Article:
Child Abuse Prevention Month – Talking with Your Child About Scary or Hurting Touch

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Talking with your child about scary or hurting touch can be uncomfortable and even frightening, but it is an essential conversation to have and to keep having as they grow up. The more knowledge your children have, the more empowered they will feel and that empowerment can help increase their protection. 

  • Talk with your child about scary/hurting touch and what it means. 

  • Talk with your child about how they can identify scary/hurting touch. 

  • Children should be able to identify at least 3 trusted adults they can go to if needed.
    Those adults should be notified they are “trusted” and what that role means. 

  • Discuss ‘keeping secrets’ with your child and when a secret should be told to their trusted adult.  

  • Children should know that they will never get into trouble for telling about any touch or conversation that made them feel uncomfortable.
  • Make sure your child knows the correct terminology for their body. This will not only increase body empowerment but also provide clarity when a child is discussing a scary/hurting touch.

  • Make sure your child understands that situations such as physicals and bath time are needed to take good care of their bodies. These can also be an opportunity for your child to learn correct body terminology, body positivity and positive self-care.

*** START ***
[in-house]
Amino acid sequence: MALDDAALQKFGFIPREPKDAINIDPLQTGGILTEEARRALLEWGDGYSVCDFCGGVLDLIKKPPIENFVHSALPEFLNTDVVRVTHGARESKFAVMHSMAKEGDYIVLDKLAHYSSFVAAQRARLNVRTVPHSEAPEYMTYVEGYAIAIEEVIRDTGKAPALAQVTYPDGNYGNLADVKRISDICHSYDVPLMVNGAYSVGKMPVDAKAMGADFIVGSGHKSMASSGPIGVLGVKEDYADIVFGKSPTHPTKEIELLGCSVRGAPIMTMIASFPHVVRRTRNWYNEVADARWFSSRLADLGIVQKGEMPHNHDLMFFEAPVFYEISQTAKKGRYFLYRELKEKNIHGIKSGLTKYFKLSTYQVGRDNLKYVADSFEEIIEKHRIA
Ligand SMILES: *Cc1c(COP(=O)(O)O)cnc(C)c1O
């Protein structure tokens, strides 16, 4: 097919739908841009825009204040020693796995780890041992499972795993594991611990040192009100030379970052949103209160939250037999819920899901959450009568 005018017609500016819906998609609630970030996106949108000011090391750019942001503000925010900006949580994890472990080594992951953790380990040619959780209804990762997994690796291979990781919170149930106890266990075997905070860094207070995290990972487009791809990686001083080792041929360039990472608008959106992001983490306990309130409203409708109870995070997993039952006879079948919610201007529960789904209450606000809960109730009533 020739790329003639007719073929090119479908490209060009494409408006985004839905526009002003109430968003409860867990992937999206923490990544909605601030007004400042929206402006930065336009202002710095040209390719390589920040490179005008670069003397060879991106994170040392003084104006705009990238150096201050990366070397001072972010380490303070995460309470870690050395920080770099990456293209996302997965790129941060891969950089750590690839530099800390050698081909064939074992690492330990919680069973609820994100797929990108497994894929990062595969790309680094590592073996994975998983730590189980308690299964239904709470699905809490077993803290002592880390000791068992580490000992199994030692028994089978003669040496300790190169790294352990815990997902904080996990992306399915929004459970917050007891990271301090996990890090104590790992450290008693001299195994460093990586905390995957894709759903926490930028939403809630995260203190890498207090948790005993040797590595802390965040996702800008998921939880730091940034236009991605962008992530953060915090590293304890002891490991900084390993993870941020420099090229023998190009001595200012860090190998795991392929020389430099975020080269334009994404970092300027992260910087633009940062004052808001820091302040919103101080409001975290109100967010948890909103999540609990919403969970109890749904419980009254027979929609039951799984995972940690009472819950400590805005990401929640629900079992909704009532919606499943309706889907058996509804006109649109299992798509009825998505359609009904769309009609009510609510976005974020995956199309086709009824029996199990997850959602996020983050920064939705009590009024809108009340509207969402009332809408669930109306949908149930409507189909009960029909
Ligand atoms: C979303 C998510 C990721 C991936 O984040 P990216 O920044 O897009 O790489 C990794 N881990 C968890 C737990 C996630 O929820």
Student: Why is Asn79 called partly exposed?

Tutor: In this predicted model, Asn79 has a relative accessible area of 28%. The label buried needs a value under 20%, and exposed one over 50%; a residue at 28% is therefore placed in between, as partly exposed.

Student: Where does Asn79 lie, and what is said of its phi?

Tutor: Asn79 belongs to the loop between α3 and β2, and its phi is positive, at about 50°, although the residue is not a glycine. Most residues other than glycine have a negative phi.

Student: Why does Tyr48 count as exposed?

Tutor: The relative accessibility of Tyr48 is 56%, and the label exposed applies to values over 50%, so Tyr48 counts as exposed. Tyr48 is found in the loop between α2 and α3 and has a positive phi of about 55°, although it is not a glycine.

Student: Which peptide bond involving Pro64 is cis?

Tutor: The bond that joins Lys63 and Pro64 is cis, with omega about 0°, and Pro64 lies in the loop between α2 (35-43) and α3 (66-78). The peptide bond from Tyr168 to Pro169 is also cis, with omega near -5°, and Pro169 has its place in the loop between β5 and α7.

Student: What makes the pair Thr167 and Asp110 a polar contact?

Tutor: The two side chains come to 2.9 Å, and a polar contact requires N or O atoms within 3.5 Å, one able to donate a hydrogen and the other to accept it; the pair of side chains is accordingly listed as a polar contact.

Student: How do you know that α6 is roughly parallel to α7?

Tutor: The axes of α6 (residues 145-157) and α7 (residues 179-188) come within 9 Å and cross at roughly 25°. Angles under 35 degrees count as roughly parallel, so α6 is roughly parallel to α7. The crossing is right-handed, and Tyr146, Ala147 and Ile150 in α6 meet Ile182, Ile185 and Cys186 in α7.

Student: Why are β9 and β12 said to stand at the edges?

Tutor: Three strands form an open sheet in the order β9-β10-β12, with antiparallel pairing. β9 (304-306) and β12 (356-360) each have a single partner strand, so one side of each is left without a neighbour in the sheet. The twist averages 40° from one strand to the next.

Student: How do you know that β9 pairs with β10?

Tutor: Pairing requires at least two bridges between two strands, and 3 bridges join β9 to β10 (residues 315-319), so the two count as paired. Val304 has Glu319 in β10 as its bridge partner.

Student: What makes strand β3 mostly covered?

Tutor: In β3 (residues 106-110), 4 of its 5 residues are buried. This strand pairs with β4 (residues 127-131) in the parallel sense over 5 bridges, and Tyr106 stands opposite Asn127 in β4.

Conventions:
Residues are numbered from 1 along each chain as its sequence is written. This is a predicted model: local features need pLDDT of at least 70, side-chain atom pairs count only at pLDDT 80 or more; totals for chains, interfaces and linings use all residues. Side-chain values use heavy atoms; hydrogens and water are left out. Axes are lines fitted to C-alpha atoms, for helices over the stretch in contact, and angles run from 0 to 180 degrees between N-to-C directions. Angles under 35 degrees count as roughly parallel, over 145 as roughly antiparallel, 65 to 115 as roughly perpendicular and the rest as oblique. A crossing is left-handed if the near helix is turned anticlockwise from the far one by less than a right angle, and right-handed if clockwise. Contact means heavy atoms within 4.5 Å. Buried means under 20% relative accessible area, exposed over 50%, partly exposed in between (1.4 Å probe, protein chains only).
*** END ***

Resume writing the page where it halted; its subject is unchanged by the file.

• Children should feel empowered to greet or say goodbye as they chose. When parents honor the child’s right to refuse to be hugged, touched, tickled or even kissed goodnight they are helping their child learn to protect themselves from scary/hurting touch. If they say “no” or choose not to touch someone, their choice should be honored for them to learn that they have control and power of their body.

  • Many times children are taught only to protect what is referred to as their “private parts.” However, children should be taught that they own their entire body from the top of their head to the tips of their toes and their personal space that surrounds them. Children should feel empowered to say “No” and tell their trusted adult of any touch anywhere on their body that makes them feel uncomfortable.